by Miriam Rossi
The Italian government, which has staked everything on ‘Made in Italy’ in terms of production, the authenticity of its citizens and even its language, tends to break its rule a little too often, especially in its public interventions, by using English words and expressions. As European Affairs Minister Raffaele Fitto recently declared, the “positive and constructive” work with the European Commission to reshape the Next Generation EU (i.e. in Italy, the notorious NRRP, the National Plan for Reconstruction and Resilience) is linked to repowerEU, the European plan to make Europe independent of Russian fossil fuels, well ahead of the 2030 agreement set up after the Russian invasion of Ukraine.
Everything is aimed at deregulation, competitiveness in global markets and innovation by “green” (an English term in public use) and digital. But everything seems bogged down in bureaucracy and untrained personnel. Municipalities, which are responsible for proposing and implementing projects, do not have specialists capable of first intercepting and then managing European funds. The various commissions responsible for monitoring and approving projects work too slowly compared to the spending timetable agreed with Brussels. Statements made in recent weeks reveal a general state of improvisation on the subject of funding, which seems to take little account of project specifications and final project objectives, focusing only on the need to spend. Among the investment chapters of the NRRP, a large part concerns precisely the increase of highly educated and qualified citizens, who can then also work in the public administration and companies in a general perspective of innovation in the country.
The Ministry of Universities and Research (MUR) has therefore earmarked 18,770 doctoral scholarships for 2023-24, representing an investment of more than 726 million euros. The largest number of scholarships will be for so-called innovative doctorates with companies (13,292 in total). The aim is to respond to companies’ needs for highly qualified and specialised professionals, thus combining the Ministry’s investment with private investment in favour of a specialist able to work on (and improve) the company’s productive, organisational and market positioning structure. In a country populated by small and medium-sized family-owned businesses, investing in Research and Development is necessary. It remains to be seen whether the tax breaks offered by the government for the future recruitment of PhD students (whose scholarships are financed) will be of interest. For the time being, Italian universities are communicating this opportunity to the main players in the economic fabric of their territory, keeping their fingers crossed for the activation of all the PhD posts advertised. However, the immediate impact of the investment seems to be a new bottleneck rather than a stimulus for change, created by a new demand for staff capable of handling student paperwork and relations with private companies.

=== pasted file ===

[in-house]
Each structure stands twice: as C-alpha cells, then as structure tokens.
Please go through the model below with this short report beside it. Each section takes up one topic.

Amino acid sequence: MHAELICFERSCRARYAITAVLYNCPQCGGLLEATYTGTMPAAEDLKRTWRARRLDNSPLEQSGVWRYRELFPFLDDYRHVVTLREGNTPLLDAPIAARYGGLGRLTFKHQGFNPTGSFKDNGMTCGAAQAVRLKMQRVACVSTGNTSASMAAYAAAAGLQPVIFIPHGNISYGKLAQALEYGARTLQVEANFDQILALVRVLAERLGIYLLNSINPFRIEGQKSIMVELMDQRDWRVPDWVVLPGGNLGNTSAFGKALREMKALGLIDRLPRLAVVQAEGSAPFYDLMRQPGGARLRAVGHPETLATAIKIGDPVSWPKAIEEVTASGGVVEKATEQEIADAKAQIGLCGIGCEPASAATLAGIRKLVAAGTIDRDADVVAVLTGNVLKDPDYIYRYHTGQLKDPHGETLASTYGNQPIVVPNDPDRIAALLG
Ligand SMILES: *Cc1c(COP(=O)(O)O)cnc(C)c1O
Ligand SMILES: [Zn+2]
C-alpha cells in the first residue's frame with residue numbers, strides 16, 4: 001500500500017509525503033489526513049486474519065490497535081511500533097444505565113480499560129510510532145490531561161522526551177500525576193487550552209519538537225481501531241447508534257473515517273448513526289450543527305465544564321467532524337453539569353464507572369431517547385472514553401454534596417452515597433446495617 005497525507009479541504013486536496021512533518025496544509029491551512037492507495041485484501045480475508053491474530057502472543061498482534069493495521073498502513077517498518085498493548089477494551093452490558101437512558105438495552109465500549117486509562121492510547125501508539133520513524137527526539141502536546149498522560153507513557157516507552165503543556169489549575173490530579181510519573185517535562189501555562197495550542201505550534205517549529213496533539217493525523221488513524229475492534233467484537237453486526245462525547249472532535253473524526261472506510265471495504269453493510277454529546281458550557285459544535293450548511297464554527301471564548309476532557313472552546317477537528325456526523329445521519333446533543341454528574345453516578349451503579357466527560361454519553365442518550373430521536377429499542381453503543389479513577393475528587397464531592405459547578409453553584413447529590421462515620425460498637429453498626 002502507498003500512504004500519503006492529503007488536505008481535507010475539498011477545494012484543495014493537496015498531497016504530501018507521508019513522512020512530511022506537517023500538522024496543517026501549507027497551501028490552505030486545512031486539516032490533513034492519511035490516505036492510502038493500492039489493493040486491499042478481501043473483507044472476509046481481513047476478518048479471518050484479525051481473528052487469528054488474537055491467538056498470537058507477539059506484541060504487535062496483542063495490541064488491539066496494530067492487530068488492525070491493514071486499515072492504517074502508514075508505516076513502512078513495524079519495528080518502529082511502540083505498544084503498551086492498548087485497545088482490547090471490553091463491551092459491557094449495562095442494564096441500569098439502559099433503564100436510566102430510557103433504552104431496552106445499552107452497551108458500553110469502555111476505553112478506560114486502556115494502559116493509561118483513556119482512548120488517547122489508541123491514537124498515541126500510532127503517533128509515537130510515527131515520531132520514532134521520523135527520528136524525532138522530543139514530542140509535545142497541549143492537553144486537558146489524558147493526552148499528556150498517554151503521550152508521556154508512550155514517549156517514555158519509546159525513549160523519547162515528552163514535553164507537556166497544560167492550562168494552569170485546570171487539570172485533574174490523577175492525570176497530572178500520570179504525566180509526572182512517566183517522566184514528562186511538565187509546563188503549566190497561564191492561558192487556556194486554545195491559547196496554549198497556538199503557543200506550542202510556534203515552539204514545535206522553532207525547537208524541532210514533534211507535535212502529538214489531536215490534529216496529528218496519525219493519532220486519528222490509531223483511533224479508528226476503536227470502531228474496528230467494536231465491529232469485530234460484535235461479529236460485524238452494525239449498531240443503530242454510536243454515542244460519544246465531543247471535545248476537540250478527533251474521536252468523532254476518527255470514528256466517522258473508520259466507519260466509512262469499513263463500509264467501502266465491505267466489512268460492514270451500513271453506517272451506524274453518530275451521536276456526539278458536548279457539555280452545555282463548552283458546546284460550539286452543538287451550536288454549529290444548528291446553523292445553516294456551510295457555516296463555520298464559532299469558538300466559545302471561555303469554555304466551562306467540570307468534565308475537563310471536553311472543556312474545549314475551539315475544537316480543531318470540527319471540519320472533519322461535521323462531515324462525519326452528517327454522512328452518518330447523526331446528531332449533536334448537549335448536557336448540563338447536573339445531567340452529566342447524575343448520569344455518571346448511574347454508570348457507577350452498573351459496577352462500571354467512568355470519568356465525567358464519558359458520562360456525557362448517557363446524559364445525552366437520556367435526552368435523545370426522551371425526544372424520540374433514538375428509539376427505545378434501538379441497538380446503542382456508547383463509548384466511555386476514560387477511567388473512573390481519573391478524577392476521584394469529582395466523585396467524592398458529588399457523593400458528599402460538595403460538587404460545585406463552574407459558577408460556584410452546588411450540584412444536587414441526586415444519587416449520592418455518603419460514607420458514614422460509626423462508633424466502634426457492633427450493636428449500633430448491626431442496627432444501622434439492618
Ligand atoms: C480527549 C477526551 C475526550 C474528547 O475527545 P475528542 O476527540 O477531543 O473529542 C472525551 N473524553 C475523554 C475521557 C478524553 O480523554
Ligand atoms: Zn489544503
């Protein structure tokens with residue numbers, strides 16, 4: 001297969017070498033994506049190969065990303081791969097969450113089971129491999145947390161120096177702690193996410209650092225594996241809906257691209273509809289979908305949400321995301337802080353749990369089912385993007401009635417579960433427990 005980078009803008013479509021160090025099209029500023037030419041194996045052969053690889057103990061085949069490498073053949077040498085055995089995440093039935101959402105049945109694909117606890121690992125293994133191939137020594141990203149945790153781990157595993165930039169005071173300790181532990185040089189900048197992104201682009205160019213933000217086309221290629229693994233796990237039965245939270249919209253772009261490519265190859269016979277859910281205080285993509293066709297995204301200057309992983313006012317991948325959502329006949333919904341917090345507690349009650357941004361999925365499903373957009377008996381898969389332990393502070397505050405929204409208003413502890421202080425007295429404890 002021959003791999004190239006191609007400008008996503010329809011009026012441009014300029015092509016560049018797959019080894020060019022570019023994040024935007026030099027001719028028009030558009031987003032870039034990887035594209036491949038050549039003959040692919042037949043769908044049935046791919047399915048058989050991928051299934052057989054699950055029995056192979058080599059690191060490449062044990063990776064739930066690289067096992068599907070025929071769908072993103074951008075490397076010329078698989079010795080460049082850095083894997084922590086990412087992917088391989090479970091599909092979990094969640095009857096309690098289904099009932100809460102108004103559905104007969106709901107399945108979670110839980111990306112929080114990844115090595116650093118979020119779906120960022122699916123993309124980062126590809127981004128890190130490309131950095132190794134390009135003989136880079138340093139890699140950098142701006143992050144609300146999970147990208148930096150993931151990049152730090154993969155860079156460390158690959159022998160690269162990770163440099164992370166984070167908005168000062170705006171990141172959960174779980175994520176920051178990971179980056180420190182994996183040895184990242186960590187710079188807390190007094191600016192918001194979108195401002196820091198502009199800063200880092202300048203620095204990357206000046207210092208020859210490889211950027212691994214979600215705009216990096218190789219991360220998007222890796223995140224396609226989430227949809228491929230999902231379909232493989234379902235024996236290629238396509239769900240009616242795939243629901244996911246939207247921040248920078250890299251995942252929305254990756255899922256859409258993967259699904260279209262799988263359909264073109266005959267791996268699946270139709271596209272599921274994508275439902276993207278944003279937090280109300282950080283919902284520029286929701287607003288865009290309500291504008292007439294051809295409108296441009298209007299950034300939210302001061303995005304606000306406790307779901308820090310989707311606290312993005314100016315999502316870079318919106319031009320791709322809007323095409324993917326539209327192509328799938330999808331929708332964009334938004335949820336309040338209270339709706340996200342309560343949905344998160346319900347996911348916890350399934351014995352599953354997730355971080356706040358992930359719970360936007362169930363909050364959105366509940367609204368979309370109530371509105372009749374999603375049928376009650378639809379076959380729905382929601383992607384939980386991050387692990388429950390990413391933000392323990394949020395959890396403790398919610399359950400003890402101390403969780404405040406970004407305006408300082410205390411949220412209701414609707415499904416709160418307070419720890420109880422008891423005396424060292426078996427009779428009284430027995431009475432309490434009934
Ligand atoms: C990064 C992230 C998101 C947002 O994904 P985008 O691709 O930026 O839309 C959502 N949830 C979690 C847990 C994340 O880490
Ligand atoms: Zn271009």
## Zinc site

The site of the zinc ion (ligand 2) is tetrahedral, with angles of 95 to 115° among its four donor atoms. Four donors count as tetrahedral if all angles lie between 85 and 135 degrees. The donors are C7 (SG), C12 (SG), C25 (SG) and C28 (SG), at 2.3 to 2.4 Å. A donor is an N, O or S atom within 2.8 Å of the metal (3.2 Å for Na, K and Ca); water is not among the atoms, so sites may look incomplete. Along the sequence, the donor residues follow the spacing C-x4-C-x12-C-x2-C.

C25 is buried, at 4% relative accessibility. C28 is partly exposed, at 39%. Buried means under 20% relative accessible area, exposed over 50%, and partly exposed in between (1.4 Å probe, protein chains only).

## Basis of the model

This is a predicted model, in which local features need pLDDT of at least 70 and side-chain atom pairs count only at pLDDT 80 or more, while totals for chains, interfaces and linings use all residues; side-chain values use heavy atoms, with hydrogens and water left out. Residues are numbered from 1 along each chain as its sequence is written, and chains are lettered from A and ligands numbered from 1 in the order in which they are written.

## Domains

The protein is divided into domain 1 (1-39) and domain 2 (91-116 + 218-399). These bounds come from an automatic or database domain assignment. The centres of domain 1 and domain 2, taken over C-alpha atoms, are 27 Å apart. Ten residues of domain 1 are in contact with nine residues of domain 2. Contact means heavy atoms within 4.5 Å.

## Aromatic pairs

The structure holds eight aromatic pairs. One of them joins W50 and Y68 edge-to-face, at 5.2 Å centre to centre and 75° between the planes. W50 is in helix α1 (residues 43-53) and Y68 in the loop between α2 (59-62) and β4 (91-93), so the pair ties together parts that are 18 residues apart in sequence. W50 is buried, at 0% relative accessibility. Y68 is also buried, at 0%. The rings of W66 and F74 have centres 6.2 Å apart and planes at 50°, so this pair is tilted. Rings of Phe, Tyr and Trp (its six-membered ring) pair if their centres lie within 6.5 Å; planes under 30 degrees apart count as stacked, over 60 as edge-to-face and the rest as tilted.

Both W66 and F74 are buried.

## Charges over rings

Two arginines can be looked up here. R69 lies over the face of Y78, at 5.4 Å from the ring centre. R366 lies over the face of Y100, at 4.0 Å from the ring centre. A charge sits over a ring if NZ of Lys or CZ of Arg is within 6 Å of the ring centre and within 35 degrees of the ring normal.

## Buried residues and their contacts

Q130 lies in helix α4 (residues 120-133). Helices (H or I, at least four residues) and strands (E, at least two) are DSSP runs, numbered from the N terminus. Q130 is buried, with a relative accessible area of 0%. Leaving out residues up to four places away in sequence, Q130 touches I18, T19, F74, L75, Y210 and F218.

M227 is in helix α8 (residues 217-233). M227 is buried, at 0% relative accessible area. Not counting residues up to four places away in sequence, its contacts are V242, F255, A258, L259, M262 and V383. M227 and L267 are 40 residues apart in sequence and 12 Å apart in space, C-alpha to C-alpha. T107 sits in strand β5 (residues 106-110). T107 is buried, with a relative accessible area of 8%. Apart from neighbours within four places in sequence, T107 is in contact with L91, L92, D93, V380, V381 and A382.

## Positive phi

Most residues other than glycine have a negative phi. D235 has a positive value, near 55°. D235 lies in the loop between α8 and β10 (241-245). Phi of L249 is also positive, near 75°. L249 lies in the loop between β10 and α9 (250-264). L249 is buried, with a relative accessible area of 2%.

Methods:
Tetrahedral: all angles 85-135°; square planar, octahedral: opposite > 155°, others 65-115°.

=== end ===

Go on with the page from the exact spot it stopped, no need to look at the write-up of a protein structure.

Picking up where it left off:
The question is: where is the strategic vision? That which the NRRP dictated to renew the country by making it greener and more digital, by reducing inequalities of opportunity between territories and those due to social conditions of birth, seems to have remained on paper. Beyond the commitment to guarantee more resources for the South, the space for co-design and co-programming was in fact minimal; the calls for resources went to those who were already in a position to absorb them, much to the detriment of the intention to reduce inequalities.
And where is the post-NRRP strategy? At the end of 2026, what will become of the public administrative personnel, researchers and highly qualified PhDs that the plan has enabled to be employed? Are they all destined for the ‘brain drain’? In a country like Italy, where the proportion of 30-34 year olds with a university degree is 26.8%, compared with a European average of 41.6%, it is difficult for graduates to find a job that corresponds to their studies (in terms of qualifications, salary and stability), despite the positive trend in recent years. Not to mention the holders of the “classic” doctorate: by ministerial decree, it can only be used for academic research, and in all other cases it is shelved. Paradoxically, it allows one to sit on university examination boards and to hold academic teaching posts, but not to teach in primary and secondary schools; it is then rarely a qualification for public competitions (which are generally aimed at categories with lower qualifications). Will innovative doctorates resolve this bizarre situation? Does the government really intend to make good use of this investment in human capital?
It is doubtful: one should have the courage to create a real ‘merit’ strategy, where merit means a position at the top for those with the relevant skills. It should be a farewell to amoral familism! Goodbye to gut decisions and improvisation! Is the government making way for university graduates, PhDs and anyone else with honed and up-to-date skills to rebuild the country? Just look at the government team that has been asked to lead Italy in managing the NRRP funds. Their stated skills (and very few academic titles) alone herald a real failure.
Cover photo: University laboratory center © Desizned/Shutterstock.com